Fieldnotes: News Briefs

Brief news items on the AIA professional membership and newsworthy activities in the field, including links to recently published institutional press releases or articles in the media.

Thomas D. Cox, Researcher
October 12, 2010 A new interpretation of the 3000 year old Tugalo Stone, located in Northeastern Georgia (USA) has revealed it to have a multitude of functions: It is a solstice stone marking the summer solstice (June 21) with specific Celt-Iberian language and using the star constellations of Orion and Auriga to show the Summer Solstice sunrise between the two constellations. It is a map-making navigational aid for travellers from the tip of Spain and North Africa, including the use of star constellations, the North Star and the sun pictured with carvings of phoenecian-style ships. The directions indicate crossing with the prevailing late spring winds (hurricane season today) On the reverse side are navigational instructions for the return up the eastern U.S. coast and crossing to England. The stone was originally located (in 1814) on a strategic mound alongside the Tugalo River (Headwaters of the Savannah River, a major river leading to the Gold and Copper mining areas) There is evidence that the stone was used to make copies for travellers to take maps. Petroglyph and ancient language researcher Thomas D. Cox made these discoveries.
Technology Review, published by MIT
October 7, 2010
A paper in arXiv is proposing to observe with Google Maps the surface of Peruvian country near the Titicaca Lake because of its geoglyphs created by ancient earthworks, constituting the remains of an extensive Andean agricultural system. The author, A.C. Sparavigna of Politecnico di Torino, in a following arXiv article, proposes these geoglyphs as a part of an engineering graphic design.
Rob Holloway & Sarah Davies, History Development, BBC Factual London
September 10, 2010
The BBC London History Development team wants to hear from you! We're always keen to keep fully briefed in the field of archeaology and would love to hear about projects that you're working on, even still dreaming up. Underwater archeaology, using new methods and techniques to uncover the past (like LiDAR and satellite imaging), aerial archeaology, projects that attempt to reconstruct past settlements/ships/farms and of course new , exciting digs - are all of interest to us. We're already working with academics in the field of Neolithic Temples, Mycenaean early 'city' sites, we're using 'space' archeaology to look at ancient civilsiations with fresh 'eyes' and we're attempting to re-live great journeys and events from history. So ancient and modern archeaology are all of interest to us. So if you have a project that you think may translate into compelling televison - let us know. Email or - and tell us about how you're helping us all to understand our past.....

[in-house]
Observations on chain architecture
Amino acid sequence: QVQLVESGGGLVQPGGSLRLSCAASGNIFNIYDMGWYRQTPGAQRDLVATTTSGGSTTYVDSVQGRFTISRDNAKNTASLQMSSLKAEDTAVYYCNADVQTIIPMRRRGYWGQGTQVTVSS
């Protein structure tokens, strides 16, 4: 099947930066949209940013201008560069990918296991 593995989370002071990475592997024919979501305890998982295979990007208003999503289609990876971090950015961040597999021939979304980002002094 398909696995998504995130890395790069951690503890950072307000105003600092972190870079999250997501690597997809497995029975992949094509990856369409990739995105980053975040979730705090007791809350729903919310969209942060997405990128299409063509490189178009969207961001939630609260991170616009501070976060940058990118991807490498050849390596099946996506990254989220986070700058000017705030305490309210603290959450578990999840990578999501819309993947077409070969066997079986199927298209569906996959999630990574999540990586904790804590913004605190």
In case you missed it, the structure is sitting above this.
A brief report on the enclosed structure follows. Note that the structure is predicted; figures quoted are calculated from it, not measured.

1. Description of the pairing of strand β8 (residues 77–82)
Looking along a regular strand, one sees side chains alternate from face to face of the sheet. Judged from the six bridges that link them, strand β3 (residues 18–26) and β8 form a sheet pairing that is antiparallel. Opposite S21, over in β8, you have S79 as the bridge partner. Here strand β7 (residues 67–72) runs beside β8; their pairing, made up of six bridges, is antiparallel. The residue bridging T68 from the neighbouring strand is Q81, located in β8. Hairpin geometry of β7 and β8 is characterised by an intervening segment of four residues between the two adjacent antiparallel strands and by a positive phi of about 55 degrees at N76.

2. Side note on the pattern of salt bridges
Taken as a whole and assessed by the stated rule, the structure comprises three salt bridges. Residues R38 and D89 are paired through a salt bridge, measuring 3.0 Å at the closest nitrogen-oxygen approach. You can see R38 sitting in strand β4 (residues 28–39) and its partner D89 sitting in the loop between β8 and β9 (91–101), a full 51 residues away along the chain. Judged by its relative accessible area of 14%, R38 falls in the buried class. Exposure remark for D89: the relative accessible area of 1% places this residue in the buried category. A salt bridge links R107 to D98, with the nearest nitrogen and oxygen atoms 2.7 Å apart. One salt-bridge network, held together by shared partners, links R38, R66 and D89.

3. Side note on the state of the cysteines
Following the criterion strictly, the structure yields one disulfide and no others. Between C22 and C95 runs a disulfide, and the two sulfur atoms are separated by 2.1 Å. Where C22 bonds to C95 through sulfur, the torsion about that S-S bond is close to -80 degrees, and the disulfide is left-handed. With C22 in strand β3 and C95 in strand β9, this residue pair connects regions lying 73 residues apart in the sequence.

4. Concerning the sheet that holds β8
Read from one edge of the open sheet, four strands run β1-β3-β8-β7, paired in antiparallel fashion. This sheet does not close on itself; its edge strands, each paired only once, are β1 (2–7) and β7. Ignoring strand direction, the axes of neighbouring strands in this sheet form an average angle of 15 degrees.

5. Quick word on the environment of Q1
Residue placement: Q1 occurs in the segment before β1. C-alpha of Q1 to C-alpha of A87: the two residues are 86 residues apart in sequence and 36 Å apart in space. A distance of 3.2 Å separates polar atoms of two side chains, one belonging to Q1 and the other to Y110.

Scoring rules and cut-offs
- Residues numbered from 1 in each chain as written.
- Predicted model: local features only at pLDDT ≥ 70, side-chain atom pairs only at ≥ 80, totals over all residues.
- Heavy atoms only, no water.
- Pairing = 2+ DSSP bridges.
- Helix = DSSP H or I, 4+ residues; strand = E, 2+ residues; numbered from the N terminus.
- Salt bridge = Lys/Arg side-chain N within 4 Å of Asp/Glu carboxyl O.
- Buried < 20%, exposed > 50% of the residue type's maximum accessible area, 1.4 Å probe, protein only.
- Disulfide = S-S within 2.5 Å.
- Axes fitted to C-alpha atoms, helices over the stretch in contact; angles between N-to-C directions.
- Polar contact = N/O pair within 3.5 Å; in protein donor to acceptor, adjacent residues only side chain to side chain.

August 1, 2010
Archeological excavations began in the hills of Ashraf, the architecture of the Sassanid dynasty with Sfalhayy from the fourth century AH was discovered. Archeological remains of the House Committee also documented the destruction Brkhvrdnd believe that Afghanistan has been owned Ashrq. Archeological excavations in the hills of Ashraf Cultural Heritage News Agency Department of Cultural Heritage archeological excavations began in the hills of Ashraf, the architecture of the Sassanid dynasty with Sfalhayy from the fourth century AH was discovered. Archeological remains to House committee also documented the destruction which they believe belonged to Ashrq Brkhvrdnd Afghanistan has been. According to Ashraf CHN one of the important hill hills historic city of Isfahan is said that dates back to pre-Islamic period arrives. This ancient hill in the historic city Zdyky bridge and along Zayandehrud located. Ashraf archaeologists believe that the hill of the oldest settlements of the people is. Currently Ashraf hill above the street and people surrounding its construction Nkhalhhay ancient hill at the foot of the shed. "Ali Jafari Zand, head of the Board of Ashraf hill archeology archeological findings about exploring this season, said:" very interesting architecture of the Sassanid dynasty and the foundation stone of a huge brick wall, we find that the prosecution should be in later stages. Yet in order Nzrnhayy about this member of the Sassanid dynasty and early studies should continue, but now we know that this effect after the Sassanid period also has been used. "
Owen Jarus, The Independent
May 5, 2010
A team of archaeologists have discovered a fortification system at the Minoan town of Gournia, a discovery which rebukes the popular myth that the Minoans were a peaceful society with no need for defensive structures. The team's efforts were led by Professor Vance Watrous and Matt Buell of the University at Buffalo. Located on the north coast, Gournia was in use during the neo-palatial period (ca. 1700-1450 BC), when Minoan civilization was at its height. The town sits atop a low ridge with four promontories on its coastline. Two of these promontories end in high vertical cliffs that give the town a defensive advantage, and it is here that the fortification system was discovered.